How will new family laws determine children’s fate?

Child Arrangement Orders, designed to meet the best interests of the child, rather than what a parent wants, are a cornerstone of The Children and Families Bill which becomes law on April 22.

Kate Banerjee, head of our children’s department, answers key questions about this critical aspect of the new legislation which aims to ensure that both parents are involved in their child’s upbringing.

What’s prompted the new law? 

The Government is keen to encourage divorcing couples to be less confrontational and to avoid going to court.  The new legislation is more focussed on the child’s best interests and on empowering both parents. It is designed to promote joint responsibility about where their child will live, when the child will see the other parent – and how often.

How will the new legislation affect children of divorcing parents?

Child Arrangement Orders will be less prescriptive than the current system in which judges can issue residency and contact orders setting out which parent the child will live with and how much contact the other parent will have with the child. In theory this change should mean that both parents are involved in the upbringing of their offspring, making joint decisions on the time that the child will spend with each parent.

How will these Child Arrangements Orders ensure that both parents are involved in their child’s upbringing?

As a family lawyer dedicated to children’s matters including contact and residence disputes, I am still working through the finer points of the new legislation. However, the idea is that parents will be more involved in the decision-making process.  They will be encouraged and supported to agree on what is best for their child, rather than a judge imposing an order for where a child should live, and with whom.

What process do parents need to follow under the new development?

Child Arrangement Orders are one element of the new Children and Families Bill.  As my colleague David McHardy outlined in a previous blog, this includes the introduction of a single family court and a compulsory Mediation Information and Assessment Meeting (MIAM).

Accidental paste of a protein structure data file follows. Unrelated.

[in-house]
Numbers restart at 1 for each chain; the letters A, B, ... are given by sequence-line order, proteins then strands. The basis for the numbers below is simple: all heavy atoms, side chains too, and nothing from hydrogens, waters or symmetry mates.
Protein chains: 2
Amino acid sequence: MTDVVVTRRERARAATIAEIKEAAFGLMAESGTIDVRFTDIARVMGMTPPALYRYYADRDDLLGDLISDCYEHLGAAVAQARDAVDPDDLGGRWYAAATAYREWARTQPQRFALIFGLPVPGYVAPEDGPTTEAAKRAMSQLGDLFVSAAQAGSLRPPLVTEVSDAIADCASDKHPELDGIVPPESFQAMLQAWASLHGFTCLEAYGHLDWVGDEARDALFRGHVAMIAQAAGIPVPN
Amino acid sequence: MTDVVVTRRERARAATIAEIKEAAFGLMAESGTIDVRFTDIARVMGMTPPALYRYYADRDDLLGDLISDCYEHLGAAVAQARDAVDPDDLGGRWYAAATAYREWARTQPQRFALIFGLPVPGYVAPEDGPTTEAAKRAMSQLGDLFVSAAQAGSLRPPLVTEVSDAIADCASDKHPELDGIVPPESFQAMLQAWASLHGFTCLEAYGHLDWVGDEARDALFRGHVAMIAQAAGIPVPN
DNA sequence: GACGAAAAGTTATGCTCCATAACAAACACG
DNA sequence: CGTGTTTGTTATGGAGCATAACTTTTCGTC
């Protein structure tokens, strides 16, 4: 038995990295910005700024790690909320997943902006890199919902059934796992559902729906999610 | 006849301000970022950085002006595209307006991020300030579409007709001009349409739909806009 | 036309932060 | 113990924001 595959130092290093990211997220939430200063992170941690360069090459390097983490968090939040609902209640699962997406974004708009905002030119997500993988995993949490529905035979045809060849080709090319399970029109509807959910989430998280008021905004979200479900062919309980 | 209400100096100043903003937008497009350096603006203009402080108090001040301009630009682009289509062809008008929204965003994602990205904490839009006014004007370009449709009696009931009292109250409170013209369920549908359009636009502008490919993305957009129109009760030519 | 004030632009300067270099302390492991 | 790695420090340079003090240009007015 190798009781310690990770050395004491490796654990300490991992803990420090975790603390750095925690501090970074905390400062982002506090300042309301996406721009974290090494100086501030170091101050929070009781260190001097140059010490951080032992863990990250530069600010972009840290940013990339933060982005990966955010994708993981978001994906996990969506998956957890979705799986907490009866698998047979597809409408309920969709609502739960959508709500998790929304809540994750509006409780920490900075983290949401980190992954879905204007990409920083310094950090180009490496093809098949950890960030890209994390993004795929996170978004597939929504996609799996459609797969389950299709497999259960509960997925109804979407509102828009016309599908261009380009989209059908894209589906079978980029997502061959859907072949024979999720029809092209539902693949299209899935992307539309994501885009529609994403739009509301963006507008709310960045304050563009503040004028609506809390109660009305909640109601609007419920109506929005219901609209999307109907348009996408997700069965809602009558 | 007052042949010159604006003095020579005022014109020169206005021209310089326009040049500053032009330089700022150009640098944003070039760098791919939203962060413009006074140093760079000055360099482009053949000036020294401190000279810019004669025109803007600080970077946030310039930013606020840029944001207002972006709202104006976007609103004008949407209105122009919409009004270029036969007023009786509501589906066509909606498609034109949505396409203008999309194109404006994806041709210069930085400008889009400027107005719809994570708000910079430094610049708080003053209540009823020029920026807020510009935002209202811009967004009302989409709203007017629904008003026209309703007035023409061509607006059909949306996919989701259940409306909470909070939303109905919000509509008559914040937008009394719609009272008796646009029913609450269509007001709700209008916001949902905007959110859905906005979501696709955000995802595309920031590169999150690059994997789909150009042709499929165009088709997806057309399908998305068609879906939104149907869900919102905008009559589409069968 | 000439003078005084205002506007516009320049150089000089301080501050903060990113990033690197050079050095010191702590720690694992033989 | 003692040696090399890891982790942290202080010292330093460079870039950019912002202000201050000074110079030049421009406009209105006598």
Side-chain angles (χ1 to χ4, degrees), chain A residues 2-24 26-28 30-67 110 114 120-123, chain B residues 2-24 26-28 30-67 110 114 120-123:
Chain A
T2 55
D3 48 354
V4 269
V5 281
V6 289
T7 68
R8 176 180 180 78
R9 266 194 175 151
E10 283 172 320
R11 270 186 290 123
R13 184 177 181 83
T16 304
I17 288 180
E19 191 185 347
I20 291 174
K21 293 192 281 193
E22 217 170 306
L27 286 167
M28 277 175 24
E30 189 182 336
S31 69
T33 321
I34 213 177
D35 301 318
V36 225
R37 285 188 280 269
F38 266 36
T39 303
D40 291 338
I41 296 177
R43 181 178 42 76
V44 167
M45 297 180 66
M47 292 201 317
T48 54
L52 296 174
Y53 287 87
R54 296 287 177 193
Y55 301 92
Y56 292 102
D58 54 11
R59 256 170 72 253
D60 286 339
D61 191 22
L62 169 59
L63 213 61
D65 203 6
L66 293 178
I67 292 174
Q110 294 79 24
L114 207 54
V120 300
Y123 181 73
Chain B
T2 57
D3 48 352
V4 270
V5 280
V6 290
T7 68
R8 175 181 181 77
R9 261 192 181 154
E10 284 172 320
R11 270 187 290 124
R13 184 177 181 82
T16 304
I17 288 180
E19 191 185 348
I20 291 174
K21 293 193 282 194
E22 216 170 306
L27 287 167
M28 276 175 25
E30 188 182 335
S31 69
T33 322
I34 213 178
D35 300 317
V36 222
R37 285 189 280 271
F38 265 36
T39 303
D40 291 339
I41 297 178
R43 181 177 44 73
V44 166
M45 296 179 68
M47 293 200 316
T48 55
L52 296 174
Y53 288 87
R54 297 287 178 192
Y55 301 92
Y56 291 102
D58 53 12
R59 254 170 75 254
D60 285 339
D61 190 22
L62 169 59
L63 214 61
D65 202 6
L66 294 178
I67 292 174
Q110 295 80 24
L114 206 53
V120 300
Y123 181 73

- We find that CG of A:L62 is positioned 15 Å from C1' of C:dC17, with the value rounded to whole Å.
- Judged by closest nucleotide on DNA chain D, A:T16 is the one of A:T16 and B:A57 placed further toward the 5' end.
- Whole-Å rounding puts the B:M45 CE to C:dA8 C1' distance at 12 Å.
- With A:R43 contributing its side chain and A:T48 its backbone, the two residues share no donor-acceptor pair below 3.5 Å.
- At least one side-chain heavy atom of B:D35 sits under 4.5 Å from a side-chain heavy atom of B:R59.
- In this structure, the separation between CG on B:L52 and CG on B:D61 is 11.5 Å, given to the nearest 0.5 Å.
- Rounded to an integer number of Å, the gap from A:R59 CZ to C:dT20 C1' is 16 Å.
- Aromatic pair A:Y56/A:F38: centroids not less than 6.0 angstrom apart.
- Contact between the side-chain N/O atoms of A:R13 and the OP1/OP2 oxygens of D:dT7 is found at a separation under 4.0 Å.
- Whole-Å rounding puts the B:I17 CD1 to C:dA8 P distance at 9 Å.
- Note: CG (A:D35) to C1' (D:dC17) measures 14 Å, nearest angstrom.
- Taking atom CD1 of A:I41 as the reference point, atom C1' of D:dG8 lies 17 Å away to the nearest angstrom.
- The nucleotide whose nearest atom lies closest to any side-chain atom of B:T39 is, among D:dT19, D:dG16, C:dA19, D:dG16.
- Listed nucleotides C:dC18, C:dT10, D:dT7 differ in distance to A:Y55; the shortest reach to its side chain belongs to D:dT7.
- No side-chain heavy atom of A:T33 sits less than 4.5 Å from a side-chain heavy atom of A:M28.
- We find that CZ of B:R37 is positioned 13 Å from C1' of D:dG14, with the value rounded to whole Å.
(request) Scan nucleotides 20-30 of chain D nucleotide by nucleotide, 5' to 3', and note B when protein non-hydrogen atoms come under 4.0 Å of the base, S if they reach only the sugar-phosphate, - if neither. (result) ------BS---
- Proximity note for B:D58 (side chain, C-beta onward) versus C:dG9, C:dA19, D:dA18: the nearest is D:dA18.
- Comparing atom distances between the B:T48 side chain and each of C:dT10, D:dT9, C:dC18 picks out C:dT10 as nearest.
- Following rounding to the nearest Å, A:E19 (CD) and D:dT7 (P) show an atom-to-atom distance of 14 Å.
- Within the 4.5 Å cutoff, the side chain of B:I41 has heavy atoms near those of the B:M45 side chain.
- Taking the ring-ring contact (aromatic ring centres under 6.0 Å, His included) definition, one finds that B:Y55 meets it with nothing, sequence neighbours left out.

This means that both parents will be required to undertake a MIAM. This is a meeting lasting about 45 minutes with a trained mediator to see whether mediation will be suitable for them before they can go to court to sort out matters relating to their children.  Experienced mediators, such as my colleague Fiona Kendall, will be in the new single family court, to support couples and provide a MIAM.

What if parents can’t agree on what’s best for their children?  

Following a MIAM some couples may find mediation useful to help them agree on where their child will live and how frequently and for what duration the other parent will see the child. In other cases, there will be parents who can’t agree – and this may be for a variety of reasons, including unreasonable behaviour, real antipathy towards each other or even abuse.

In my view even with these new laws in place, there will be occasions where a judge will still have to rule on where the child should live – but the process and final orders may not be as clearly defined as the current residency and contact orders.

What do you see as the benefits of this imminent milestone?

I welcome Child Arrangement Orders as a way of promoting greater collaboration between parents to help them to agree on the child’s best interests without undergoing a traumatic court process. It is understandably much better for a child if parents can set aside their own differences and not use a residency or contact order as a stick for one parent to punish the other.  Also, I have witnessed parents, often fathers, feeling deprived because they don’t spend enough time with their children and are prevented from being equally involved in the upbringing of their children post separation.

Conversely what challenges do you envisage it will bring?      

There is a possibility that court intervention will be the ‘elephant in the room’ because, in my experience, there are some parents who have no alternative but to go to court.  No one embarks on the court process lightly with regard to their children – they do so because they need to. People will continue to think and behave in the same way and new legislation won’t change that.

The importance of educating couples and parents is vital in helping them to understand what this new legal language means – and to know what to tell their children with regard to where they will live.  With a residency order it was made clear by a court where a child should live – from April 22 it will be vaguer.  With parents who are in conflict and can’t agree on arrangements, some children may feel in limbo and ask ‘where is my home?’, ‘where will I live?’.

In the countdown to the Children and Families Bill our family law experts will be examining the key issues and addressing some of the significant changes.  We will be updating you on developments via our blog.

If you have any questions about Child Arrangement Orders and the Children and Families Bill please call us on 0113 246 0055, leave us a comment below or drop us an e-mail.

You can follow us on Twitter @helpwithdivorce

Comments

  1. It sounds to me as though the new children an families bill is a bit of mixed bag. In some ways it will be an improvement if it enables both parents to take responsibility for making agreed decisions about their child. On the other hand if it leads to less clarity for the child about where they live and who they live with then this is less helpful for the child

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